Club liked seeking macduff that sex flirtbook
It is hard enough to get children to watch Shake-speare without waving bloodied embryos and sexagenarian todgers at them.
Followed last week by a letter from the RSC warning that the play would now include scenes of a graphically "violent and sexual nature" and was no longer considered suitable for children. And just what, if we ignored the warning and went anyway, were we going to see?
Why had they been selling tickets - including, presumably, many to school parties - before deciding what to put on stage? Yet those who find a kind of sweaty desperation in these resorts to licence, are routinely dismissed as prudes and philistines.
One such GCSE "study guide" published last year has Juliet cooing: "Give us a snog, then, Romeo"; while Lady Macbeth, upon learning of her husband's reluctance to have Duncan killed, chants: "Cowardy, cowardy, custard. None of which is to suggest that Shakespeare ever seriously imagined anyone playing the scene in the nude, or that the play has been diminished by the failure of generations of Lears to strip off.
At her dying son's behest, Lady Macduff flees the scene, with the stage notes reading: "Exit Macduff's wife crying 'Murder! According to my copy of the Collected Works, Shakespeare conspicuously avoids showing this particular murder.
Frankly, I'd rather have my Shakespeare back. From what I could discover, and I have only been able to discover so much, the big problem is with the murder of Lady Macduff in Act 4.
The tickets arrived. Two obvious questions arose.
Controversy over second age production of macbeth
Whipping off his kingly regalia, Sir Ian, 67, gives the audience a lengthy in every sense, I'm told display of full-frontal nudity, and once again the context is being held up as justification. Heavily pregnant, she is apparently sliced open by Macbeth's goons, amid much blood, gore and foetal writhings.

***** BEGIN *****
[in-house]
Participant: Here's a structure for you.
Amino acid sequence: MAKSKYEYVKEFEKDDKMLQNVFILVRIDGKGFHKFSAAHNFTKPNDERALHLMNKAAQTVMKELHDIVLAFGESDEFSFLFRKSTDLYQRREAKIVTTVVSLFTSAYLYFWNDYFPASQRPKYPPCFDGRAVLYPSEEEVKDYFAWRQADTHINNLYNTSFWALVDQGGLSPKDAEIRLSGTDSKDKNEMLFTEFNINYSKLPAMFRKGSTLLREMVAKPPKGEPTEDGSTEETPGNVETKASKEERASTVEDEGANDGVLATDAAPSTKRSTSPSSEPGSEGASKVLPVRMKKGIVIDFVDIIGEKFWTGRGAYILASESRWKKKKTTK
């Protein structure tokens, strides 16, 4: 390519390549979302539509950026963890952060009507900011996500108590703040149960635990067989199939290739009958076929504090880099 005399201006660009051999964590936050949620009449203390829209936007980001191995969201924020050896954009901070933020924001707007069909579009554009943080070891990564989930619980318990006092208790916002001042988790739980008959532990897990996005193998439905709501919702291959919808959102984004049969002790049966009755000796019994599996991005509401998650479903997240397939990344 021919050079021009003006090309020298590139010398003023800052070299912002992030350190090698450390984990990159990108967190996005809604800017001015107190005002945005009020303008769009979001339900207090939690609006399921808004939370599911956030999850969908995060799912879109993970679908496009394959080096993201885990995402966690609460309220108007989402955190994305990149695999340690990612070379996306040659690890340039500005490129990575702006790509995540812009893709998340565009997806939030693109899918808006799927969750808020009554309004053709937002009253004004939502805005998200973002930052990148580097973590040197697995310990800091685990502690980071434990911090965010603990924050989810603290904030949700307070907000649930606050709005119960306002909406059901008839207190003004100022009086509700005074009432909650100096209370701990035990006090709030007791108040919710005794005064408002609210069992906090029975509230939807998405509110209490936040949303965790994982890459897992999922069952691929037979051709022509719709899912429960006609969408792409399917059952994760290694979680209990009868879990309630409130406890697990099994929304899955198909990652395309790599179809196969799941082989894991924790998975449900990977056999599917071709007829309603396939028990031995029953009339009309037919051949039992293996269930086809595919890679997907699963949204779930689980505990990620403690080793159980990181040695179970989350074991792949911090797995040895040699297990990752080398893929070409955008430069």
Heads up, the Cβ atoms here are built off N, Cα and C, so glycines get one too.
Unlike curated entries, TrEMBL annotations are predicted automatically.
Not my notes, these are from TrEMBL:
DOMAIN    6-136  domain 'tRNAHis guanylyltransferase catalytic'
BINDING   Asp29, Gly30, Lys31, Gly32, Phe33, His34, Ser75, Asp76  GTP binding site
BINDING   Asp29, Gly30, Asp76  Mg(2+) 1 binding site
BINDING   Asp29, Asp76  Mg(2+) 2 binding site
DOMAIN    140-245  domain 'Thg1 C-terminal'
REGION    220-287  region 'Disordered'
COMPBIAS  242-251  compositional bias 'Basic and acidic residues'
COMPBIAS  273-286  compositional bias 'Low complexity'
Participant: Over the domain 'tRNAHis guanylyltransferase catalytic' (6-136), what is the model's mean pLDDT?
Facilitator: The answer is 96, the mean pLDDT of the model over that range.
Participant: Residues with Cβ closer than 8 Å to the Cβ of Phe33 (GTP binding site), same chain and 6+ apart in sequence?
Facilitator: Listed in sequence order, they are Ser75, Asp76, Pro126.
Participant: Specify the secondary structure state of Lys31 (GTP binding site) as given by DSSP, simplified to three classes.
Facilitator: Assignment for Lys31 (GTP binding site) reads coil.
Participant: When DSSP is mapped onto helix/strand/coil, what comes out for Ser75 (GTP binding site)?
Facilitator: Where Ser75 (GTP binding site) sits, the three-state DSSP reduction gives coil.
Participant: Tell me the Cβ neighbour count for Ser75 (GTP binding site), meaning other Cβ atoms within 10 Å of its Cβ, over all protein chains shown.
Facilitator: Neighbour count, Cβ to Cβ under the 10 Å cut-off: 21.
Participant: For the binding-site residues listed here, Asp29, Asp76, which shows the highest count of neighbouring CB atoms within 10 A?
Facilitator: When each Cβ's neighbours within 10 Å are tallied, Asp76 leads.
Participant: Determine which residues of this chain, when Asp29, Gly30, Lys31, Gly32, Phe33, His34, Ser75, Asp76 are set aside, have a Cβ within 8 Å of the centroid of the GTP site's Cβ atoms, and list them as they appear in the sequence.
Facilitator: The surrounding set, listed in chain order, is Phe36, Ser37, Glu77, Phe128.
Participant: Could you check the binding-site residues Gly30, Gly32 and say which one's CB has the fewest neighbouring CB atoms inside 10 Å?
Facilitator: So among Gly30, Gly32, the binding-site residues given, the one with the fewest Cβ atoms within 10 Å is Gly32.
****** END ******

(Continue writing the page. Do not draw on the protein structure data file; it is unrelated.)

Strong stuff, indeed, but surely justified by our old pal "the context". I have always had a soft spot for Lady Macbeth, the original desperate housewife, and held her husband's horrible fate up as a good example of the consequences of henpecking. This time, admittedly, the director, Sir Trevor Nunn, is on firmer ground.
Our struggling schools are increasingly taking the view that the Bard is all too much trouble, and either abandoning the works entirely, or dumbing them down to the level of soap opera. There's another problem. The RSC has kindly offered me my money back.
21 year. single boy looking for anything
The answer, I suppose, is that the murders and eye-gougings are simulated, while the nudity is real. All this came into sharper focus last week with the excited reports of our foremost thespian, Sir Ian McKellen, appearing starkers in the RSC's new version of King Lear.
Or is it? Shakespeare, we are always told, is ageless, which I wrongly assumed meant that it appealed to all ages, and, with this in mind, I resolved to take my year-old son to the RSC's forthcoming production of Macbeth. On the radio last week I heard a man demanding to know how anyone could possibly object to a spot of nudity in a play full of murders and eye-gougings?